In developing the Future Jobs Strategy based on this Review, we call on Government to develop our Budget 2020 proposal of an Action Plan for Trade, where indigenous businesses are supported to reap the benefits of EU Free Trade Agreements. This should also be paired with as increased investment in the Enterprise Europe Network to improve engagement with the Single Market, as well as increased collaboration with our Chamber network to promote these supports nationwide.
Access to finance for SMEs and Entrepreneurship
The OECD found that interest rates charged to Irish SMEs remain high compared to most other EU member states, and the interest rate spread between SME and large enterprise loans is widening. The OCED calls for a scale up of current SME credit access initiatives to channel substantial external finance to SMEs and start-ups.
In line with this, we have called for the introduction of a short-term tax credit on employer PRSI to enable microbusinesses to grow and increase employee numbers. If applied to businesses with less than 10 employees, the introduction of a 3-year tax credit on employer PRSI for each new hire would support microbusinesses to create jobs and enable them to grow.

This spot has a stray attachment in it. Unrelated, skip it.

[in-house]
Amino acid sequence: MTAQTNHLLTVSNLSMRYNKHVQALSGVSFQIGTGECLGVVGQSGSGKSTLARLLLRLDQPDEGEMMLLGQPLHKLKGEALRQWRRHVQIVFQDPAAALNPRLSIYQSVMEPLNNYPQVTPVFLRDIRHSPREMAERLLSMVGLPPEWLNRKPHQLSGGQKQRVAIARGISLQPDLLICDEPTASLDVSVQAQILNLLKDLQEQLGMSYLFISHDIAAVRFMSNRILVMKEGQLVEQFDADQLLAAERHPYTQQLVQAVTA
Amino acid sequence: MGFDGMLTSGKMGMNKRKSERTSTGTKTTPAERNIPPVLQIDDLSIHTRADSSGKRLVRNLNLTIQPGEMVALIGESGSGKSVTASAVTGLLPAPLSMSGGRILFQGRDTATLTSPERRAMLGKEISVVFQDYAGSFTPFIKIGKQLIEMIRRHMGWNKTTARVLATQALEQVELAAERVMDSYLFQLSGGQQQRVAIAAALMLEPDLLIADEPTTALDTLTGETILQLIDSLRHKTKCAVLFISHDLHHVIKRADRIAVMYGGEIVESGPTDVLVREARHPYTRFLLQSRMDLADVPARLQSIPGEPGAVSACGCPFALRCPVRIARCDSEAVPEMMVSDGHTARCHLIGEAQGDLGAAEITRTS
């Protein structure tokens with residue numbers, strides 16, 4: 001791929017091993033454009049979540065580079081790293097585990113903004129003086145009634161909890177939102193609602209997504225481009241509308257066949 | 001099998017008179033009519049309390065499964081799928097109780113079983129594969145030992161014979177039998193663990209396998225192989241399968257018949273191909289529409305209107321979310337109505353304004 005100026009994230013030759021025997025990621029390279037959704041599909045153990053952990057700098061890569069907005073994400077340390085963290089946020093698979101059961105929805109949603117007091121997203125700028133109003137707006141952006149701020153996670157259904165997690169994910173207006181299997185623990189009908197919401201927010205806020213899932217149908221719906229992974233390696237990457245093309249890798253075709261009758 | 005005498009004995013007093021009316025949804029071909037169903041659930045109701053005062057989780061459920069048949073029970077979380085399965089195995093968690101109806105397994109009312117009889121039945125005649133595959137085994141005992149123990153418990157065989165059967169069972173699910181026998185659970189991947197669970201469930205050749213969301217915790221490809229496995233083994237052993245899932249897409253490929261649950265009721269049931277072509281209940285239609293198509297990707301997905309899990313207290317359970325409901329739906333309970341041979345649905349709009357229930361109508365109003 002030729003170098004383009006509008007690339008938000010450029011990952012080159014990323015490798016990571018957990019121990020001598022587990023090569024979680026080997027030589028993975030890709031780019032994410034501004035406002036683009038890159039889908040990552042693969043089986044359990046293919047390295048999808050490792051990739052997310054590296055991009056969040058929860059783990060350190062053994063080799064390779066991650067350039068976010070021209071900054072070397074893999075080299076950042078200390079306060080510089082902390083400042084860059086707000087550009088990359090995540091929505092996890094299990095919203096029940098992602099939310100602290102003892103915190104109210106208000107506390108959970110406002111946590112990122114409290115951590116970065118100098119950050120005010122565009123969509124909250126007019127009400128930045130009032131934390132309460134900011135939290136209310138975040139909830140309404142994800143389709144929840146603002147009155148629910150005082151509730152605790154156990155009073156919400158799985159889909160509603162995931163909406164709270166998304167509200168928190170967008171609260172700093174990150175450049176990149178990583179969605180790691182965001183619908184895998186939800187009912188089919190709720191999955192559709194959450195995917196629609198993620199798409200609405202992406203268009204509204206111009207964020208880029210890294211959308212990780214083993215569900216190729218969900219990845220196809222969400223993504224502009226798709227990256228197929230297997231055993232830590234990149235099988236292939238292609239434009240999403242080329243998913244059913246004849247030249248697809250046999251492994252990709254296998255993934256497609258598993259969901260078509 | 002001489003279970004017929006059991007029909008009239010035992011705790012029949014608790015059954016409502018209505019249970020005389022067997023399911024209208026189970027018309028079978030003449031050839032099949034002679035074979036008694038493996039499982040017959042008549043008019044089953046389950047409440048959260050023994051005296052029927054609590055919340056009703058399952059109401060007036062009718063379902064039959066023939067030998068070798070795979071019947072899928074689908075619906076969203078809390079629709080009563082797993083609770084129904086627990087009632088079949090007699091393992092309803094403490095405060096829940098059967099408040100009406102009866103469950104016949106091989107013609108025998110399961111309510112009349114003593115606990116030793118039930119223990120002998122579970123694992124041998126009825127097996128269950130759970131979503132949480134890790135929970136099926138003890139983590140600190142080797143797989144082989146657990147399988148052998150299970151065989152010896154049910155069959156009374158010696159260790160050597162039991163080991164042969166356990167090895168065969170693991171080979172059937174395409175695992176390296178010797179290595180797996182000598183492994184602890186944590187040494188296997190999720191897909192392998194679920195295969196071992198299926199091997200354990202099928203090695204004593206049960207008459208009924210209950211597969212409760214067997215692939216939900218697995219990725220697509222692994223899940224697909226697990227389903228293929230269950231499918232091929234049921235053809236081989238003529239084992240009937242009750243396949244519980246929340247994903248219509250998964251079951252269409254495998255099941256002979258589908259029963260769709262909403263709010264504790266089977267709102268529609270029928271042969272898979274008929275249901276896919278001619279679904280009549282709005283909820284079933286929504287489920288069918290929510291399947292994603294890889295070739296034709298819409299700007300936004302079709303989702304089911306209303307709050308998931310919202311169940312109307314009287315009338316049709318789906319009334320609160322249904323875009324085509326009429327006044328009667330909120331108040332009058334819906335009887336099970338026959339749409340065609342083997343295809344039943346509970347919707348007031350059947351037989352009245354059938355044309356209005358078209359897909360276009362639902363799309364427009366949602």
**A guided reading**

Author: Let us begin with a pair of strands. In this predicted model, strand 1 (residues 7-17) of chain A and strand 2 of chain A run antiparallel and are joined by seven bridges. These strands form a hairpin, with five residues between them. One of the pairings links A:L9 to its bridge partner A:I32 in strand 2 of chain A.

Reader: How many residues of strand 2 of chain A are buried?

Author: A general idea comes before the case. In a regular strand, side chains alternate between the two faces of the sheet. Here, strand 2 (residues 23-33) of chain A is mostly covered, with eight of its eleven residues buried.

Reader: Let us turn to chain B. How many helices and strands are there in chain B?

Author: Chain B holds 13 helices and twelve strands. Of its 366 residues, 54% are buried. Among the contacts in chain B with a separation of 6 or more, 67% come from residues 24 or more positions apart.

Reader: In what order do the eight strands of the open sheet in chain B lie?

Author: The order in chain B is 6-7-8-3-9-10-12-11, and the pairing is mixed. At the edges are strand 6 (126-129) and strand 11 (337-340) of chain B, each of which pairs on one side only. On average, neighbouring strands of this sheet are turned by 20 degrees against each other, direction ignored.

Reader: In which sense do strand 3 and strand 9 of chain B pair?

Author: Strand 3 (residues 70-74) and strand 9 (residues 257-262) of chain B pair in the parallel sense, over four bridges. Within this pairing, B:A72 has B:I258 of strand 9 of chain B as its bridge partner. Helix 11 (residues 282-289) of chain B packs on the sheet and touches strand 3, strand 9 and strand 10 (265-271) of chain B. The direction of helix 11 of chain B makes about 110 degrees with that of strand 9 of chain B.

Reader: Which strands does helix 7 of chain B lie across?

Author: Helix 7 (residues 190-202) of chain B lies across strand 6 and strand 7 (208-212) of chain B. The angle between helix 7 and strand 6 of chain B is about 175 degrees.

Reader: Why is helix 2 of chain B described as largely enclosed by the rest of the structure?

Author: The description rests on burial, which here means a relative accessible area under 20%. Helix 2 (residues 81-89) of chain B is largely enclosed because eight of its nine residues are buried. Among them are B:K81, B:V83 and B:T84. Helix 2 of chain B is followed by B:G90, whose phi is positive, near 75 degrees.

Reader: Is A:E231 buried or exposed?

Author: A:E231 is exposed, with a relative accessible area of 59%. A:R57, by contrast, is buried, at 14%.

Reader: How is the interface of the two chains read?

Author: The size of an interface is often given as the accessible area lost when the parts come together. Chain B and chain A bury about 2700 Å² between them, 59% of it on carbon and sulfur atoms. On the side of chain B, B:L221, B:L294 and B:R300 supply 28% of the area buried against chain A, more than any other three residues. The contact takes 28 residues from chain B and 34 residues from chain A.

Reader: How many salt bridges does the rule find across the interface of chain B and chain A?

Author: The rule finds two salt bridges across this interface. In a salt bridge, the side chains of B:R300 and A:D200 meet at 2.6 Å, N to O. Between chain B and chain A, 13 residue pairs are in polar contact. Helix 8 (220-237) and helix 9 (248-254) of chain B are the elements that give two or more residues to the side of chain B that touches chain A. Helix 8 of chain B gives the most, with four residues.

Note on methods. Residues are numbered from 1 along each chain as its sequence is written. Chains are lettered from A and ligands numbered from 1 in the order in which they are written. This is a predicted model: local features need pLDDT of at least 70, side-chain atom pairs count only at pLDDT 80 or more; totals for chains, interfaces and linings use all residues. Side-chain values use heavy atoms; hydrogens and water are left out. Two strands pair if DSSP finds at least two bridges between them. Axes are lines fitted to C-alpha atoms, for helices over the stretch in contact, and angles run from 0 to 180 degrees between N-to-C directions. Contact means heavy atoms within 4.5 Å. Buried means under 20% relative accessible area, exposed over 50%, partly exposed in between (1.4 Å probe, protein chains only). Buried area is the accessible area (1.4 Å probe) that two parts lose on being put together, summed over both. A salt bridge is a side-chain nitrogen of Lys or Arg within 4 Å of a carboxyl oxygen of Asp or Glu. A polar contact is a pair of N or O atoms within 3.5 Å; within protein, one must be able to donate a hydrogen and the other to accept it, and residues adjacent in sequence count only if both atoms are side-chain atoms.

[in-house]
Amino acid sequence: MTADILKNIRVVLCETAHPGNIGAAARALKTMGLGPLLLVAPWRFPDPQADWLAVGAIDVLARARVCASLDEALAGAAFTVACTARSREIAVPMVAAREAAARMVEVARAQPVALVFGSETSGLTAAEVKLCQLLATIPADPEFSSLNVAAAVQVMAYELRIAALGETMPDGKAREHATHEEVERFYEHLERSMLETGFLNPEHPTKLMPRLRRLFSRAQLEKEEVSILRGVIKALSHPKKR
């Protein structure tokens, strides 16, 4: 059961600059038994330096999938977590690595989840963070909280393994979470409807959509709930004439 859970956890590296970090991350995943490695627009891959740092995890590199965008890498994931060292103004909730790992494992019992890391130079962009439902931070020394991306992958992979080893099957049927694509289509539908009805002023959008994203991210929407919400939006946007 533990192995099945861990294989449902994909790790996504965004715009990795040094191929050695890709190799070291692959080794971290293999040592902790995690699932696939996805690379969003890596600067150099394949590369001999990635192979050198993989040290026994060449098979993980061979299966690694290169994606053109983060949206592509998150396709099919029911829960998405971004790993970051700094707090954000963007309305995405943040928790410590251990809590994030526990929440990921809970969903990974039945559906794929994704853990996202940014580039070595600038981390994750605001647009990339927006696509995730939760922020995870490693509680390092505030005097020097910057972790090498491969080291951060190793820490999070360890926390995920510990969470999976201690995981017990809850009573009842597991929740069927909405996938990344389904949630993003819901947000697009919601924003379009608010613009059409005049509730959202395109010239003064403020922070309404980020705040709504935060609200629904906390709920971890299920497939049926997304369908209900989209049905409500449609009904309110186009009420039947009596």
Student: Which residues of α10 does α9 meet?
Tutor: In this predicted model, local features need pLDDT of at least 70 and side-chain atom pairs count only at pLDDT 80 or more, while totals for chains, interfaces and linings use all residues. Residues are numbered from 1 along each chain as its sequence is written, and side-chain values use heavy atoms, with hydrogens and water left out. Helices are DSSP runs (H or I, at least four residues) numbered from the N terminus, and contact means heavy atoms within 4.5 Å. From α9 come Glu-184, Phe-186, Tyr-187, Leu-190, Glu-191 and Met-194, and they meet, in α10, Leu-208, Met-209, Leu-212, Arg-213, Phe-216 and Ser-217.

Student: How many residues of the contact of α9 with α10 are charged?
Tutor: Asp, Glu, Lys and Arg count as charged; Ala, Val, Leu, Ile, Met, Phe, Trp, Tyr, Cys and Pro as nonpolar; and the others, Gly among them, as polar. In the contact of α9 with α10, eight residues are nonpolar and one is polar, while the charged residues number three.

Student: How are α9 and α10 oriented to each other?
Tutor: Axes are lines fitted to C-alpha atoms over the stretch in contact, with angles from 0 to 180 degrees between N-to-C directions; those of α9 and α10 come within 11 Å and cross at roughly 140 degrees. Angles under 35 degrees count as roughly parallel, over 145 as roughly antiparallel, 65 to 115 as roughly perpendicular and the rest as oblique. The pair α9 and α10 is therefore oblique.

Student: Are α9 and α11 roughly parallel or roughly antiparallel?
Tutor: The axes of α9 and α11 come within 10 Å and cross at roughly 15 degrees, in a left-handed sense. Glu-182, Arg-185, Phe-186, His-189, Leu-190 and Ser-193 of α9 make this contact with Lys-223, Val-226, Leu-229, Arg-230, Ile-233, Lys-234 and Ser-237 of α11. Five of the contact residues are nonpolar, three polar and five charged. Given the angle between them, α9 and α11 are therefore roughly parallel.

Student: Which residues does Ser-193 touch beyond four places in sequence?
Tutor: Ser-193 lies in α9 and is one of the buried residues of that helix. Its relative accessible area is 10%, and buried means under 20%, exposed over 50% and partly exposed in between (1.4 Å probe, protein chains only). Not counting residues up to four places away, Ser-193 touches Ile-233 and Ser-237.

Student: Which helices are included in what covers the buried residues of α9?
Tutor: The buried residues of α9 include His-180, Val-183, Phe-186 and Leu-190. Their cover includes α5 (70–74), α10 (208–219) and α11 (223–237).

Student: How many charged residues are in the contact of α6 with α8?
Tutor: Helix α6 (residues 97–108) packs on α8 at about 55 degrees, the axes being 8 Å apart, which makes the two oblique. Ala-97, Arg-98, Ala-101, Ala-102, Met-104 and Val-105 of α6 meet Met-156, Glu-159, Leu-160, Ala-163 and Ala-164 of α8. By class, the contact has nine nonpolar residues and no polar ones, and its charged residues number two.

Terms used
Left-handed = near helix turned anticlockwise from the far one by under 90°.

SME workforce and managerial skills
Ireland has a highly skilled and educated workforce. Yet SMEs are finding it increasingly difficult to attract and retain key members of staff, which impinges on their competitiveness and growth prospects. Further, we welcome the recommendations on increased training for SMEs to workforce and managerial skills through tax relief for non-domiciled new hires by Irish SMEs as well as new standards in SME management development programmes. As outlined in our Budget 2020 submission, Government should continue to make incremental increases to the entry point to the higher rate of income tax on a multi-annual basis, so that Ireland is in line with comparable countries in the OECD and can maintain our competitiveness when it comes to attracting talent.